The industry is buzzing with excitement over the fact that next year GDPR (General Data Protection Plan) becomes a reality. What are the implications of it for the average business and how will it impact on them? The reality today is that we’ve all read bits and pieces and seen numbers bandied around suggesting that if we get it wrong, we could face large fines and penalties.
To really understand it, we should look at where it’s come from and why it’s being implemented, particularly with Brexit in mind.
When the UK joined the (as was) EEC our privacy laws were pretty poor and were in need of strengthening. It took some time but in October 1995 there was an EU Directive on Data Protection and in 1998 the Data Protection Act (1998) became law in the UK. This did a pretty good job of ensuring our data was handled in a safe and secure manner. However, the Information Commissioner’s Office was pretty much a paper tiger, all roar, no teeth and there were holes located within resulting from some pretty woolly definitions.
GDPR is a much better defined series of regulations which aim to give the individual much better protection in terms of personal and sensitive data. The major change here being that the subject now retains ownership of the data held and not the organisation holding it. GDPR now comes with the much publicised stronger teeth; in the form of heavy fines and potentially, imprisonment.
Many think that Brexit will make GDPR irrelevant within the UK
This couldn’t be further from the truth. Regardless of whether Brexit happens or not, GDPR will be implemented and made law before Britain exits the EU. Not only that, but as businesses are so closely aligned and integrated into the EU, there are implications for businesses processing data belonging to EU citizens regardless of their location. For example, under GDPR, organisations now have to perform a Privacy Impact Assessment (PIA) which is a decision tool used to identify and mitigate privacy risks that notifies the public of what Personally Identifiable Information (PII) the organisation is collecting, why it is being collected and how that PII will be collected, used, accessed, shared, safeguarded and stored. Any organisation not taking relevant precautions well in advance to ensure compliance could face heavy penalties.
So, what are the penalties and are they really that much stronger than DPA? The answer is very simple and the word ‘draconian’ is not too strong. Non-compliant organisations that are breached face fines of up to €20,000,000 or 4% of global revenue for the organisation, whichever is higher. An example of this is the recent Talk Talk breach, which resulted in them being fined £400,000 by the ICO. Had GDPR been in place then the cost to Talk Talk could have been as high as £60,000,000.
So what do businesses need to do?
Firstly, they need to ensure they understand just what constitutes sensitive data. This has expanded within GDPR to include genetic and biometric data, as well as online identifiers such as cookies, RFID tags and IP addresses. Whenever an organisation processes such information, it must first conduct a thorough audit of protective measures around that data, including safeguards, security and mechanisms to lower the risk of exposure and ensure compliance with the GDPR.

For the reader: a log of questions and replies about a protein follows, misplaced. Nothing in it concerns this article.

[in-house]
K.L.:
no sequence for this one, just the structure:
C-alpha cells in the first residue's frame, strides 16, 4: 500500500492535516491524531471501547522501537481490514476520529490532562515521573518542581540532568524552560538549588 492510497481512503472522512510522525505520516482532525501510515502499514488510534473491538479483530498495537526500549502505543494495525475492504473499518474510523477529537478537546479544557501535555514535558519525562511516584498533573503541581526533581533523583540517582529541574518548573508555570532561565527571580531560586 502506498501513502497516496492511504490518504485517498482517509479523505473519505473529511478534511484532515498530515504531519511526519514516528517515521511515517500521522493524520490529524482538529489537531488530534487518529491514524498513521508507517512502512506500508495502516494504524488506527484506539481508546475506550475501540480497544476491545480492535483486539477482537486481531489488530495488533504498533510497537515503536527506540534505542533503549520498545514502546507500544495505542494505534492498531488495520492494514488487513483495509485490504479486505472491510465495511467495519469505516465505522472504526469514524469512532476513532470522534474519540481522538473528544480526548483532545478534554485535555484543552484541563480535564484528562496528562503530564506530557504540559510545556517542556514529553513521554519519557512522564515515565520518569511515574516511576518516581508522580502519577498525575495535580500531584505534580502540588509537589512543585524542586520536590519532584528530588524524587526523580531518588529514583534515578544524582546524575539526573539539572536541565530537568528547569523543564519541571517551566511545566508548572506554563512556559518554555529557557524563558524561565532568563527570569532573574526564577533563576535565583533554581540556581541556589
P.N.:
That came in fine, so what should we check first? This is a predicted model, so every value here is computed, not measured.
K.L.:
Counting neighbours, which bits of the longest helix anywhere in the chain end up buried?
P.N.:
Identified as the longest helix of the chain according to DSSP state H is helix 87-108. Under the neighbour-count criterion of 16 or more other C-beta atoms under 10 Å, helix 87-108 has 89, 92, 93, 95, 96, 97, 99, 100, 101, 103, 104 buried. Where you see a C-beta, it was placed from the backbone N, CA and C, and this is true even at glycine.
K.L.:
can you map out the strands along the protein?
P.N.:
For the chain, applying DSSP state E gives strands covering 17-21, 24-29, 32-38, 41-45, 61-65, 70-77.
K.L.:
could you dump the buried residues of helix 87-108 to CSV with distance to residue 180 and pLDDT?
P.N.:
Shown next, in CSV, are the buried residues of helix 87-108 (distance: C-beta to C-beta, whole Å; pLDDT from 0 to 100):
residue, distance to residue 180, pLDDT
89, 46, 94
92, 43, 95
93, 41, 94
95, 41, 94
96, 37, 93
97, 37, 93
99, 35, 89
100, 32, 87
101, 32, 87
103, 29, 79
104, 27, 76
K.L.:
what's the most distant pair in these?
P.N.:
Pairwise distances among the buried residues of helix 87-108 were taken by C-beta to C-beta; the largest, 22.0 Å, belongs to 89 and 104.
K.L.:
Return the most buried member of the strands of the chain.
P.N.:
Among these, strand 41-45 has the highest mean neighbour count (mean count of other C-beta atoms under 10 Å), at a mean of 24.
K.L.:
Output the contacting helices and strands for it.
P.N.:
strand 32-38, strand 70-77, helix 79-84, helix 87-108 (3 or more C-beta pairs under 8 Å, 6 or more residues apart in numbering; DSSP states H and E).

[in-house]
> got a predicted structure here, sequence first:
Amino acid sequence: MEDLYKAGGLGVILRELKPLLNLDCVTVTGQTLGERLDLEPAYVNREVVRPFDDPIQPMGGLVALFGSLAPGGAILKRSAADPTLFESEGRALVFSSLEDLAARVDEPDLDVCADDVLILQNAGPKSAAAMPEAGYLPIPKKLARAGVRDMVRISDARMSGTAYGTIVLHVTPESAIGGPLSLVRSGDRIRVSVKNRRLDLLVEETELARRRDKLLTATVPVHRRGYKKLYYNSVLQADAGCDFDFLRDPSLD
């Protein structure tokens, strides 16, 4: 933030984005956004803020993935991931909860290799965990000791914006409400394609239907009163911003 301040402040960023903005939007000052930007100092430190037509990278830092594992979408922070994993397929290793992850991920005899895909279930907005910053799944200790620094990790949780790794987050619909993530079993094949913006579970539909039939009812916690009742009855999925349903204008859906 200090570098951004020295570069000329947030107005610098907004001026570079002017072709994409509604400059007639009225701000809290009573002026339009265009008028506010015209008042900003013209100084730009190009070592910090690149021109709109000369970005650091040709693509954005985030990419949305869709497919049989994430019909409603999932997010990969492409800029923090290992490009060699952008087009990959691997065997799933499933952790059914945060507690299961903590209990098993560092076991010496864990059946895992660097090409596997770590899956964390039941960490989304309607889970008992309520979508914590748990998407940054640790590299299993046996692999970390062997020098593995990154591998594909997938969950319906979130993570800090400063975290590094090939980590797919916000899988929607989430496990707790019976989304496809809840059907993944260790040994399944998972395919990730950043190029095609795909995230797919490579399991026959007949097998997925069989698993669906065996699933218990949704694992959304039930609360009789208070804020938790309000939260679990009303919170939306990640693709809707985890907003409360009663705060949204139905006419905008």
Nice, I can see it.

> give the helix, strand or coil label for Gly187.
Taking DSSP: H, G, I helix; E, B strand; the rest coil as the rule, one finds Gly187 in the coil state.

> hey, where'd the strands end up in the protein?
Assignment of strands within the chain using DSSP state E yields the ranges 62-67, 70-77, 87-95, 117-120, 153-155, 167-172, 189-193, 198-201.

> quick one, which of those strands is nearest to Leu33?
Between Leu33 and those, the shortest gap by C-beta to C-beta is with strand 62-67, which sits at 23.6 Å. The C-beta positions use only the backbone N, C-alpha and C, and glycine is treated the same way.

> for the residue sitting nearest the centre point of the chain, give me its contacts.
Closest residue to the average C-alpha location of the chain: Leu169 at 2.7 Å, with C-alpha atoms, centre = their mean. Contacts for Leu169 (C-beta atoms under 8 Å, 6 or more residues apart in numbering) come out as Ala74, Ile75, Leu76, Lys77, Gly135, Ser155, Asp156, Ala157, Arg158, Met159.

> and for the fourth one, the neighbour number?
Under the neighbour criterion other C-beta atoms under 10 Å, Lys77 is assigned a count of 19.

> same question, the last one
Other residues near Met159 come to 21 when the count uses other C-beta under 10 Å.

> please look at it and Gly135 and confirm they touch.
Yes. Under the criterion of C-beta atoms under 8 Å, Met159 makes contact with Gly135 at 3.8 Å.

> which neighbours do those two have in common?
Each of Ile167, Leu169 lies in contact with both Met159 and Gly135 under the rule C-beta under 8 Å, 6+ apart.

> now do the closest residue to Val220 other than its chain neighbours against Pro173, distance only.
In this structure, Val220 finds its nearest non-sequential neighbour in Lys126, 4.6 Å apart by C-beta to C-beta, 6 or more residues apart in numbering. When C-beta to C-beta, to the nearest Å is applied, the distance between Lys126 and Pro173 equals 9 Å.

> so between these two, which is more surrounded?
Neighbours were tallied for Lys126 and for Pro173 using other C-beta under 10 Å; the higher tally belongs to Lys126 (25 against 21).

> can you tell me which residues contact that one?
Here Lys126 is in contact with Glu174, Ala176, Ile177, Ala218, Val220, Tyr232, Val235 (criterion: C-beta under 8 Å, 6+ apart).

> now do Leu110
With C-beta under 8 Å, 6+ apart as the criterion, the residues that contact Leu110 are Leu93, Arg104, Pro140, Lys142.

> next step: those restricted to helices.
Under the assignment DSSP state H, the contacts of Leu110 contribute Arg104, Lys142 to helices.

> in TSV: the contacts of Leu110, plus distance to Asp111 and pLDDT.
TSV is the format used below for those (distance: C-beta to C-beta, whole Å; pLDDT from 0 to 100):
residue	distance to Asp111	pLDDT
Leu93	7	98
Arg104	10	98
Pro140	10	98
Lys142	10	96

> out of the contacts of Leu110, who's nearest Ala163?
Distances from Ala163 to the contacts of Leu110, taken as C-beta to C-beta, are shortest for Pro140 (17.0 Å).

The only way to ensure that electronic data is not breached is to store it on a system not connected to any network. Of course, this would mean that no one could access that data, making it completely useless and redundant and the usual practice is to use air-gapping and network segregation. Any system can be breached (including air-gapped and segregated networks) and generally, the conventional wisdom is not if an organisation is breached but when it is. This doesn’t mean businesses should take a fatalistic approach but that they should take a realistic approach, which is that if they are to be breached, how can they minimise the data loss and impact upon that business?
Therefore, organisations need to store sensitive data on protected (preferably segregated) networks, encrypt that data strongly, ensure only restricted staff and staff with a business need can access it both electronically and physically. Ensure that standard network precautions are in place, air-gaps, firewalls, loggers, FIM and so on.
Finally, I would strongly recommend that all businesses seek help in assessing their level of risk and compliance. My experience tells me that the vast majority of businesses that self-assess tend to exaggerate their level of compliance and only truly discover their real level when they are breached or if they engage an external organisation to perform a gap analysis giving them a true picture of their compliance level.
Can ProCheckUp help?
Of course we can!
We can perform a GAP analysis to locate the weak and non-compliant areas; we can assist with the PIA (i.e. Risk Assessment); we can help prevent a breach by performing vulnerability assessment and penetration tests (including red-teaming) and, if the worst should happen, we can also help when a breach does occur, with incident response and forensics.